Braun first revealed he was drafting his legislative proposal at the Nov. 20 Senate confirmation hearing for Stephen Hahn, who was sworn in as FDA commissioner on Dec. 17.
At the hearing, Hahn told Braun that while it is important to expedite new innovations to patients, he would "want to make sure that these approaches are validated, so that we don't make huge mistakes that hurt patients."
Making products available under a conditional approval may result in some companies having difficulty enrolling patients in well-controlled phase 3 trials, Holly Fernandez Lynch, assistant professor of medical ethics at the University of Pennsylvania, told S&P Global Market Intelligence.
"Instead of trying to short circuit the FDA process, we have to be serious about the fact that most products fail," she said. "Why are we rushing to get them to market?"
About half of investigational drugs entering late-stage clinical development fail during or after pivotal clinical trials, primarily because of concerns about safety, efficacy or both. Most of those failures — 57% — were due to inadequate efficacy, Fernandez Lynch said, citing a December 2016 analysis in JAMA Internal Medicine.
The conditional approval bill also includes a provision protecting manufacturers from liability.
"It's like an acknowledgment that many of these products really will not be safe and effective in a way that could hold up to basic tort standards of reasonableness," Fernandez Lynch said.
She also took issue with the lawmakers' claims that FDA was sitting on a stockpile of safe and effective medicines.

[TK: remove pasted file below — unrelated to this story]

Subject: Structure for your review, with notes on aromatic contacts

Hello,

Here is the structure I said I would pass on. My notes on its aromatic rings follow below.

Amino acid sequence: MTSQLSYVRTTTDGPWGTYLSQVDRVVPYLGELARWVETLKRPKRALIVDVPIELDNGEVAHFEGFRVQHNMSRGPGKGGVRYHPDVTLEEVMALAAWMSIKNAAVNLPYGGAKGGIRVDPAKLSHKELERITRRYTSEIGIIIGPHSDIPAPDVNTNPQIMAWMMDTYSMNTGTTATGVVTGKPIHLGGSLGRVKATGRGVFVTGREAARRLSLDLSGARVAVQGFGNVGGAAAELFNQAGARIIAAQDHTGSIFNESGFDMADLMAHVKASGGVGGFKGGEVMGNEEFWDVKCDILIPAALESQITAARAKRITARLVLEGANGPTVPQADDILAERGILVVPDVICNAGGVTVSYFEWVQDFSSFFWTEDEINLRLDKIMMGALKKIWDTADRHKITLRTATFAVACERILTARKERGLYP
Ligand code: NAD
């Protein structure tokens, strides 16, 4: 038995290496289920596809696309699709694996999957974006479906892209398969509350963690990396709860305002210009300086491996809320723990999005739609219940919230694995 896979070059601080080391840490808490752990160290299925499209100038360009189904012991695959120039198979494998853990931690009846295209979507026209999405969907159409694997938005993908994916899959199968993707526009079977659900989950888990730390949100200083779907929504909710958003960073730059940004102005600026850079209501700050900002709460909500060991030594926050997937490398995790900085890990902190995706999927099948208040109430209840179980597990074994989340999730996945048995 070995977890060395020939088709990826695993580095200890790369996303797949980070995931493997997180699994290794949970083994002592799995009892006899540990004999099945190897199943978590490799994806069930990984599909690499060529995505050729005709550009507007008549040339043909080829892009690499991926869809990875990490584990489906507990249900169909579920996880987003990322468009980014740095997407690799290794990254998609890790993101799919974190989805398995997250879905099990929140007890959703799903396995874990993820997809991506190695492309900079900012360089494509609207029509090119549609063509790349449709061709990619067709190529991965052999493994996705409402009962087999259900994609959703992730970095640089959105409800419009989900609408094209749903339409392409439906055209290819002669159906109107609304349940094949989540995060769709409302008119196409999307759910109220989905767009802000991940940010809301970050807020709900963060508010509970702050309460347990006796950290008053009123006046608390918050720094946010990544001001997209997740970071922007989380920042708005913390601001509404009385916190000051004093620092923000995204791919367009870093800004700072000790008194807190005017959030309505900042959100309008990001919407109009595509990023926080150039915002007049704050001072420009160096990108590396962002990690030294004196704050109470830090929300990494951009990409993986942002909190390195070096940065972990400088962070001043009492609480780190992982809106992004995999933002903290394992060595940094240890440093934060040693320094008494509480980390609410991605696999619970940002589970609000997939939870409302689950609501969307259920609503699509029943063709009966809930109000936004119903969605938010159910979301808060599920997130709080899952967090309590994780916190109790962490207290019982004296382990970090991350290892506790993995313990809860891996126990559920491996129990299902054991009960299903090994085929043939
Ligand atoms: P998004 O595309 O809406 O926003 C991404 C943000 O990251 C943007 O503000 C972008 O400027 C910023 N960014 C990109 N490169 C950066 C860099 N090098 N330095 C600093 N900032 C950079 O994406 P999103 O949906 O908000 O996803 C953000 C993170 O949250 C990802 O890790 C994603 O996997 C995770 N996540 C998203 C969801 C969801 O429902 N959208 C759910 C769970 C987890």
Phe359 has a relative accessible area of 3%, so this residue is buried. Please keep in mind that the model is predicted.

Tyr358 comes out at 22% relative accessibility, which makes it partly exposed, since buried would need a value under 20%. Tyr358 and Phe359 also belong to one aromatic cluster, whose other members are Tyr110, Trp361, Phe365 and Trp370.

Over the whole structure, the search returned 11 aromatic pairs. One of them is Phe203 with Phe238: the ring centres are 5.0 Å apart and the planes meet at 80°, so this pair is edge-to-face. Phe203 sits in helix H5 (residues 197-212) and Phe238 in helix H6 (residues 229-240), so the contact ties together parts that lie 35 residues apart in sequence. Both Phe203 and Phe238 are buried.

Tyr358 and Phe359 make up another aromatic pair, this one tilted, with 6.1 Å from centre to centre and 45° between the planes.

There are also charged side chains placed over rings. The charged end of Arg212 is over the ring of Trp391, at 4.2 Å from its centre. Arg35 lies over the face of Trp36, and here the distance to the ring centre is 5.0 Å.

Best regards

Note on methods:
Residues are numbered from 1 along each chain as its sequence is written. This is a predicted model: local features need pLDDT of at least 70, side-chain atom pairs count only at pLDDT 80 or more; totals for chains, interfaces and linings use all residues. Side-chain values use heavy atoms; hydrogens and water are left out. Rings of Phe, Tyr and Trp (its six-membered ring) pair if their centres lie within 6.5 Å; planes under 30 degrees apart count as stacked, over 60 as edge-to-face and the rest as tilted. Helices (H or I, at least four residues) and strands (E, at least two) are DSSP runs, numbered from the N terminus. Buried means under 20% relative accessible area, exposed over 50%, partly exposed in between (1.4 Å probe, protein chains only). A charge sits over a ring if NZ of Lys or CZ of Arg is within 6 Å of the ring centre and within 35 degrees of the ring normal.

"FDA is not some cartoon villain," she said. "Patients battling terrible diseases don't want just anything, they want medicines that work. FDA gatekeeping helps make that a reality."
A patient's perspective
But Corey Polen, who has ALS, said the bill would provide another option for manufacturers to supply patients with terminal diseases access to promises treatments.
He said current pathways to early-stage therapies, including the FDA's compassionate use program and the Right to Try Act — a law that lets Americans sidestep the U.S. regulatory agency to obtain unapproved experimental treatments — have provided "extremely rare access" to patients with ALS, "even though there are very promising treatments in every phase of the clinical trial process."
"This conditional approval pathway provides the FDA authority to regulate such access for the patients of the diseases that need it the most," Polen told S&P Global Market Intelligence.
"The harsh reality is that ALS patients are on an expedited timeframe and access has never worked," he said." We must find better options, sooner rather than later."
Rep. Jeff Fortenberry, R-Neb., also introduced a bill in the House on Dec. 18 that seeks to ensure all patients with ALS in the treatment and placebo arms of clinical trials are provided access to the drug being tested and that all studies going forward require treatment arms for all participants.
The legislation came just as the FDA issued new draft guidelines in which the agency outlined circumstances where not using a placebo control may be acceptable.
The agency also highlighted the circumstances in which using a single well-controlled trial would be appropriate.
In addition, the FDA said makers of drugs intended for rare diseases should consider designing their phase 1 first-in-human study to be an "adequate and well-controlled clinical investigation that has the potential, depending on the trial results, to provide part of the substantial evidence of effectiveness to support a marketing application."